Endeavour in Flight!

It was… insane. Amazing. Seemed so much faster than I expected, especially since the cloud ceiling was so low. The countdown hit zero, the smoke began billowing out, Endeavour started to rise, the rumbling crackling wave of sound hit us, and then zwoop! right up and disappeared into the clouds, making them glow for a moment before punching through, the column of smoke trailing it cast its shadow across the cloud layer, and off to space!

Endeavour zoom

Zoomed/cropped version

Plume

The smoke plume

Empty Launch Pad

The smoke begins to clear

Immediately, like a kid coming off a roller coaster, all I could think was,

“Can we do it again now?”

Once confident the shuttle was out of range and wouldn’t peek-a-boo through the clouds, and the roar subsided, folks meandered back to listen to the radio coverage or watch NASAtv as Endeavour dumped its SRBs, jettisoned the external tank, and completed its 8 minute journey to Low Earth Orbit.

*sigh*

Mr. Pink-tie-and-sneakers says *le sigh*

Counting Up

''So, uh, what now?''

The countdown clock was counting up, but most people stuck around for a while, letting the traffic from the crowds watching from the causeway, visitors complex, or other sites clear out first… and perhaps moreso, processing the amazingness we just witnessed.

We talked, tweeted, took a preliminary pass through our pictures, and watched and rewatched everyone’s videos. I, for one, was just kind of stunned. Endeavour broke my brain. In a good way. A very, very good way. It’s disappointing that the clouds cut our view so short, but so so amazing that I got to see it at all. I can’t wait to come back and see STS-135 launch (because clearly, that has to happen now!) but it’s so sad that it will be the last shuttle launch ever. I demand a hundred more launches! But I’m so grateful I got the chance to see one from so close!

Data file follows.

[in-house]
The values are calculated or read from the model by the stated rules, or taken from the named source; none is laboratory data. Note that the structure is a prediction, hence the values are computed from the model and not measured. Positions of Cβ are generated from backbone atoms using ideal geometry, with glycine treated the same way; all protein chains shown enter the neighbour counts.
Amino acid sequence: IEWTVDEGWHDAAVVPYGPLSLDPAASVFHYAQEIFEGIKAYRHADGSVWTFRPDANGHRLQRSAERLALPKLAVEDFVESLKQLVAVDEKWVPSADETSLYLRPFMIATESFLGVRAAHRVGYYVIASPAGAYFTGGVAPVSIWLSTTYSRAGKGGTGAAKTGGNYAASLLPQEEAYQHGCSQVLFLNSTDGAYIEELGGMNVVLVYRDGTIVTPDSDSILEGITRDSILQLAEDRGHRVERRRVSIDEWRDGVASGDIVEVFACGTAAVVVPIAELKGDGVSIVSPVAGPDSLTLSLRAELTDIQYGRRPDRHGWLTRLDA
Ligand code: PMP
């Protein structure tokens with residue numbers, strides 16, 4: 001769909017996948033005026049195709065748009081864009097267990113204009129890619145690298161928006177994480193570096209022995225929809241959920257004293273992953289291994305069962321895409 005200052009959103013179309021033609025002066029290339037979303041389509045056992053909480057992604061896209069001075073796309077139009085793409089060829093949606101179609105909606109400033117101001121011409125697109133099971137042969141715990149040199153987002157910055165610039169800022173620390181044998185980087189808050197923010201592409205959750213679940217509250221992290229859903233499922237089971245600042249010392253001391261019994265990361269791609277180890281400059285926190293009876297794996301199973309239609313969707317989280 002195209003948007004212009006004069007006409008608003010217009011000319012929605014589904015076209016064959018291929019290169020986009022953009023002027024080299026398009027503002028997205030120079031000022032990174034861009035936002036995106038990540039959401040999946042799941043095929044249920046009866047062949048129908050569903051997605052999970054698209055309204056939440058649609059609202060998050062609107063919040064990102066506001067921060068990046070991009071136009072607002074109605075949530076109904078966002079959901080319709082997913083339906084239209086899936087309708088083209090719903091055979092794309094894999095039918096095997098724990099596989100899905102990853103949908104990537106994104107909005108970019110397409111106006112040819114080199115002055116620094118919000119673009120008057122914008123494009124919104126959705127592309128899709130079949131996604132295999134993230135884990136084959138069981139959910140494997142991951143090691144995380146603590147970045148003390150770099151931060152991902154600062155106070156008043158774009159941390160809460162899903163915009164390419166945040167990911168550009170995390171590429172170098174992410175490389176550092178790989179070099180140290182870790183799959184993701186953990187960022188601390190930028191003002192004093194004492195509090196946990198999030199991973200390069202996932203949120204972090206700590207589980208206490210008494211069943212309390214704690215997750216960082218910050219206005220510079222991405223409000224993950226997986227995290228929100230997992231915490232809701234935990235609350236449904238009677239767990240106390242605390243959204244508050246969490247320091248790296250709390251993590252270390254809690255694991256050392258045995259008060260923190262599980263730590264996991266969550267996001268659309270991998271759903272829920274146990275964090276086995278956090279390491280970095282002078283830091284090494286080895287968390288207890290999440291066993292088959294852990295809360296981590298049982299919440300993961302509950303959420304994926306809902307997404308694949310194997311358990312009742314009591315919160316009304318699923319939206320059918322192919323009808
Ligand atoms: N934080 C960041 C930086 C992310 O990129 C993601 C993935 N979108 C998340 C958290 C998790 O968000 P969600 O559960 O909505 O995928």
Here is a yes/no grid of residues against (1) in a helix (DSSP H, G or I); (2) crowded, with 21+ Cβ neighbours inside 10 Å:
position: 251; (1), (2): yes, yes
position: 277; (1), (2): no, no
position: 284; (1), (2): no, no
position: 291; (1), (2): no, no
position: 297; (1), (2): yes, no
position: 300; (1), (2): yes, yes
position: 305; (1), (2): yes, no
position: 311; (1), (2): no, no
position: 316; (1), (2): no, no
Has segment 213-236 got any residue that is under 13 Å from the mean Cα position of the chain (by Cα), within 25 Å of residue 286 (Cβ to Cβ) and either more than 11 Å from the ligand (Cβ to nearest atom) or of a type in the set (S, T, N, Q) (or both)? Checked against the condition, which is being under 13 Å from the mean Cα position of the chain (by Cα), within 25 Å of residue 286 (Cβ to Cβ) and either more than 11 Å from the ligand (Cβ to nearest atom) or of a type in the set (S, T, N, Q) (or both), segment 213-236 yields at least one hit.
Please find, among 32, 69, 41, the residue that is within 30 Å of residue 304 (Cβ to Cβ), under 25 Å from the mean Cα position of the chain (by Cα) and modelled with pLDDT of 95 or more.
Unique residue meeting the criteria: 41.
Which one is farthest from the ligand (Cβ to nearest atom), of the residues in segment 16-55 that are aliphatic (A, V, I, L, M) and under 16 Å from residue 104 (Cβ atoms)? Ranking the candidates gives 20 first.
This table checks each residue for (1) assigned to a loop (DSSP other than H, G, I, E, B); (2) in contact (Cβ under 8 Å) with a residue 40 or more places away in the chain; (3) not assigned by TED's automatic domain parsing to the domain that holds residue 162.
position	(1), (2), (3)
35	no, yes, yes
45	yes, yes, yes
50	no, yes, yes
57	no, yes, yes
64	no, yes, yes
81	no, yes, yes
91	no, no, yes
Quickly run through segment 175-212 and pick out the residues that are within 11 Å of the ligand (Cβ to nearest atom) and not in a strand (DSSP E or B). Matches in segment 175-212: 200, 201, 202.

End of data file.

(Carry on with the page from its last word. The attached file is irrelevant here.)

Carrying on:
Like I said, brain = broken.
(Like how a power surge can fry your computer? The awesome overload of NASAtweetup has fried my brain.)

We hung out a while, chatting about random things, and intermittently spurting incoherent babble involving space shuttles and amazingness, and eventually people began to disperse. By the time I figured the traffic was probably manageable, my uncle’s launch responsibilities were wrapping up, so we met up in the VAB parking lot and I followed him home a back way, and traffic was surprisingly light, even for an alternate route several hours after launch!

The rest of the trip was pretty low key (not that anything could have compared anyway!) We went out for post-launch-lunch… and then a few hours later, my aunt got home from work, and we all went out to dinner. Tuesday, I did wash so I’d have something to wear home, got a bit of work done, and met up with Nina and Chris for dinner, which was lots of fun!

Then Wednesday morning it was off to the airport and home… with a 90 minute layover in Memphis that turned into several hours, because the plane we were supposed to be leaving on got ridiculously delayed at its previous stop. Delta was a class act about it, and handed out $25 vouchers when we finally did leave, but it still made for a nasty-long day. From the time we left my aunt & uncle’s house to when I finally walked through my own door was about 14 hours, for what is normally just under 2 hours in the air on a direct flight. For an extra 4 or 5 hours, I could have driven home and saved $175. >.< Oh well! Travelsuck does not diminish the awe of a shuttle launch, nor the awesome that is NASAtweetup! See you at 135, tweeps! 😀

THE END.